The Consumer Price Index (CPI) is used by the U.S. Bureau of Labor Statistics (BLS)
to calculate inflation (Taylor, 2019). A poll of 23,000 firms is used to compile the index’s data. An
80,000-item pricing database is updated every month. The Consumer Price Index (CPI) will give
you the overall inflation rate. Inflation is also tracked by the Personal Consumption Expenditures
Price Index. In comparison to the CPI, this index covers a broader range of commercial products
and services. The consumer price index determines the price changes of various products and
One can calculate the consumer price index by averaging the price changes of various items in
the basket of goods. The consumer price index can be used to determine the purchasing power
of a particular currency. It does not include the investments and savings of individuals. The
consumer price index is based on an index average that was set to 100. The increases in
average prices are represented as percentage changes in the index based on the index
average from a prior period.
Monetary policy is used by central banks all over the globe to keep inflation and deflation
at bay. Currently, the Federal Reserve in the United States sets a target inflation rate of 2%
each year. By allowing a goal inflation rate of greater than 2%, the FOMC said on August 27,
2020, that it will aid in maintaining maximum employment (Siami-Namini, 2019). The target of
2% inflation remains, but the October 2021 rate shows that it is ready to accept higher rates if
inflation has remained low for a long period. The Fed uses the core inflation rate, which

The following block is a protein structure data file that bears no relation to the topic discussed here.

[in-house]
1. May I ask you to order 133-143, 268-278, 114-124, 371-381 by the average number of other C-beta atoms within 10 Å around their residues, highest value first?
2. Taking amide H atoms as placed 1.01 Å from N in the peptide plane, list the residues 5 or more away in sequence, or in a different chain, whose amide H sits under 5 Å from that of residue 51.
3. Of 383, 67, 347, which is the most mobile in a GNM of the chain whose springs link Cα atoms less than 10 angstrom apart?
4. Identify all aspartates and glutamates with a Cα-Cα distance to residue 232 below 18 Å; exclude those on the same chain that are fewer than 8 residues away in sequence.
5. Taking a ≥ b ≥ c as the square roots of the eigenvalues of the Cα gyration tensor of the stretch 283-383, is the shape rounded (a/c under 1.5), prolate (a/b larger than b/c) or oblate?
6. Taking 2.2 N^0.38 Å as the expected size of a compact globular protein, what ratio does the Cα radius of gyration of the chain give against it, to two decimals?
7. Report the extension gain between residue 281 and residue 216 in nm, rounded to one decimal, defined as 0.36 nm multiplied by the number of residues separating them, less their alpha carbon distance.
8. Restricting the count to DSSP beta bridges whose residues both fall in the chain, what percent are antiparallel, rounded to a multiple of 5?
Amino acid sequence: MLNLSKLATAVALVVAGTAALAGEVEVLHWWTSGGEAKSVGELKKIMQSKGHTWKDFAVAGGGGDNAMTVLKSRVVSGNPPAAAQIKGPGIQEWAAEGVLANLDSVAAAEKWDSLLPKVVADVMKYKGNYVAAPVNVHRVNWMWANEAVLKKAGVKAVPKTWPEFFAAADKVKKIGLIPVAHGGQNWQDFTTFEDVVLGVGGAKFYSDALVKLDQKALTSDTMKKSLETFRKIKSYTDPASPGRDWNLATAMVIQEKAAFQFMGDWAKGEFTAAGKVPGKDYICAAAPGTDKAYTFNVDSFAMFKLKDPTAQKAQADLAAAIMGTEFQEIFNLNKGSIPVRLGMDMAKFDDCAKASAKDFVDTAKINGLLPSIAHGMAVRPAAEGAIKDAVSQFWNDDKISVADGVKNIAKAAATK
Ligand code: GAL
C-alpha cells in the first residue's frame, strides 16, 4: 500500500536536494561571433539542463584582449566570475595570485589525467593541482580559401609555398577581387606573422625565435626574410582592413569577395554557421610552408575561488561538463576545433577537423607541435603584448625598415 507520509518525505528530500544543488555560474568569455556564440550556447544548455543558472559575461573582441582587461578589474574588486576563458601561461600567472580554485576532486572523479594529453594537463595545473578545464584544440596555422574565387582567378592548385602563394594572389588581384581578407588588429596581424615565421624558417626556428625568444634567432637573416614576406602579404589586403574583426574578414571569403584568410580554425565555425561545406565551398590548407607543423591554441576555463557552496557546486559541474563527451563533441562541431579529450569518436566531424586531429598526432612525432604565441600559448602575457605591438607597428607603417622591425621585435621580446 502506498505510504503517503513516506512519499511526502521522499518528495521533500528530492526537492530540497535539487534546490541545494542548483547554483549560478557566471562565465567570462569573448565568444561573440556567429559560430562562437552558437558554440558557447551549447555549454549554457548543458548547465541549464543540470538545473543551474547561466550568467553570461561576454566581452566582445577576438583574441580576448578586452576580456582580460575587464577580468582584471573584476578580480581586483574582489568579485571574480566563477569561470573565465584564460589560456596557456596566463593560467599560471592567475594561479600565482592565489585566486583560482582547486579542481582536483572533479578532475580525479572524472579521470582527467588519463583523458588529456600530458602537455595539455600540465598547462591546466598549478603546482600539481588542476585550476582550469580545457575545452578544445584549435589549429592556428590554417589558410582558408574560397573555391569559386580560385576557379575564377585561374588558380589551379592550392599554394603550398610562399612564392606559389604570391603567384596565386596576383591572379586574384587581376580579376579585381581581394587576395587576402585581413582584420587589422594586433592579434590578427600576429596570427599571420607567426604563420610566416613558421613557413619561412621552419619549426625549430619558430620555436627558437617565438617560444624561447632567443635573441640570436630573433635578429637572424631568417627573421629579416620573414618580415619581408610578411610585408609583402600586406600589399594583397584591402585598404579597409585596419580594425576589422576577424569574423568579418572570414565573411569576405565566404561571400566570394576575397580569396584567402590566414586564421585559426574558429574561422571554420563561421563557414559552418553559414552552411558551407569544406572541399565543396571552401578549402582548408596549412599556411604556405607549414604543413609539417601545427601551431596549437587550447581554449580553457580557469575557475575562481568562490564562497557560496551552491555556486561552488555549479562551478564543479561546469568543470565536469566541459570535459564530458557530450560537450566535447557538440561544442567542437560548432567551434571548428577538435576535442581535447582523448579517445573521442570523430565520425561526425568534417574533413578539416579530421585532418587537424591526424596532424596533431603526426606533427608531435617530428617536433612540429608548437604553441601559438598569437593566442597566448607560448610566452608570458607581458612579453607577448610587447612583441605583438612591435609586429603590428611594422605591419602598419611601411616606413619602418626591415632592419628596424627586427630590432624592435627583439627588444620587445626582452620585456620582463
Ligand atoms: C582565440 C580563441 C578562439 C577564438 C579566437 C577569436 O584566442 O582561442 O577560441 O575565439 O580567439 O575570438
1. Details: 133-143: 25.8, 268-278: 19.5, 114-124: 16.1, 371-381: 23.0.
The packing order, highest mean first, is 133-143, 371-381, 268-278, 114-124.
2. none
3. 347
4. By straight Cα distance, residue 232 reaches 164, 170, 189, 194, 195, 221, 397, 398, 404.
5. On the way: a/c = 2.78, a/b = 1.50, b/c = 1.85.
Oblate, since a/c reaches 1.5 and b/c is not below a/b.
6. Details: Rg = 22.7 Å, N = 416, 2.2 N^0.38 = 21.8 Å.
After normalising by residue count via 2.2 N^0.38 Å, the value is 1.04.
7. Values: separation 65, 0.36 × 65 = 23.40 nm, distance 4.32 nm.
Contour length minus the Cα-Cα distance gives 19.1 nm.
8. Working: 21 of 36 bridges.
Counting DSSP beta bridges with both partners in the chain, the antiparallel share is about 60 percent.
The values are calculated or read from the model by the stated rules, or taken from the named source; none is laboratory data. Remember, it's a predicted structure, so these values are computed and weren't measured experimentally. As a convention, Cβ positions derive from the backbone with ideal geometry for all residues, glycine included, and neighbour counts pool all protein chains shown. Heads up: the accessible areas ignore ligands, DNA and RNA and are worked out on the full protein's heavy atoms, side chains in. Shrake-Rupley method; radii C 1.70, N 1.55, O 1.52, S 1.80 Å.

excludes energy and food costs, to measure inflation. Commodity merchants determine these
prices, which are too volatile to take into account. Monetary policy refers to the communications
and actions of the central bank to manage the money supply. Central banks can use monetary
policy to reduce liquidity. They can use tools such as bank reserve requirements, government
bonds, and interest rates. Central banks can restrict the amount of money that banks can lend.
When there is inflation, the central banks often take action to reduce the money supply. Central
banks can increase interest rates when there are significant increases in prices. They can also
lower interest rates when inflation falls.
Inflation targeting is a strategy used by central banks to maintain price stability. The
federal reserve can use open market operations to control the prices of various commodities.
Open market operations are a tool that central banks can use for monetary policy. The federal
reserve can sell or purchase securities in the market. To increase the money supply, the federal
reserve purchases securities. It sells them to reduce interest rates. Open market operations can
be used to control inflation. They can affect interest rates that also determine the inflation rate.
Bohl, M. T., & Siklos, P. L. (2018). The anatomy of inflation: An economic history perspective.
Prepared for the Handbook of the History of Money and Currency (Vienna: Springer), edited by
S. Battilosi, Y. Cassis, and K. Yago, Forthcoming, CAMA Working Paper, (8).
Castillo-Martinez, L., & Reis, R. (2019). How do central banks control inflation? A guide for the
perplexed. LSE manuscript.
McLeay, M., & Tenreyro, S. (2020). Optimal inflation and the identification of the Phillips curve.
NBER Macroeconomics Annual, 34(1), 199-255.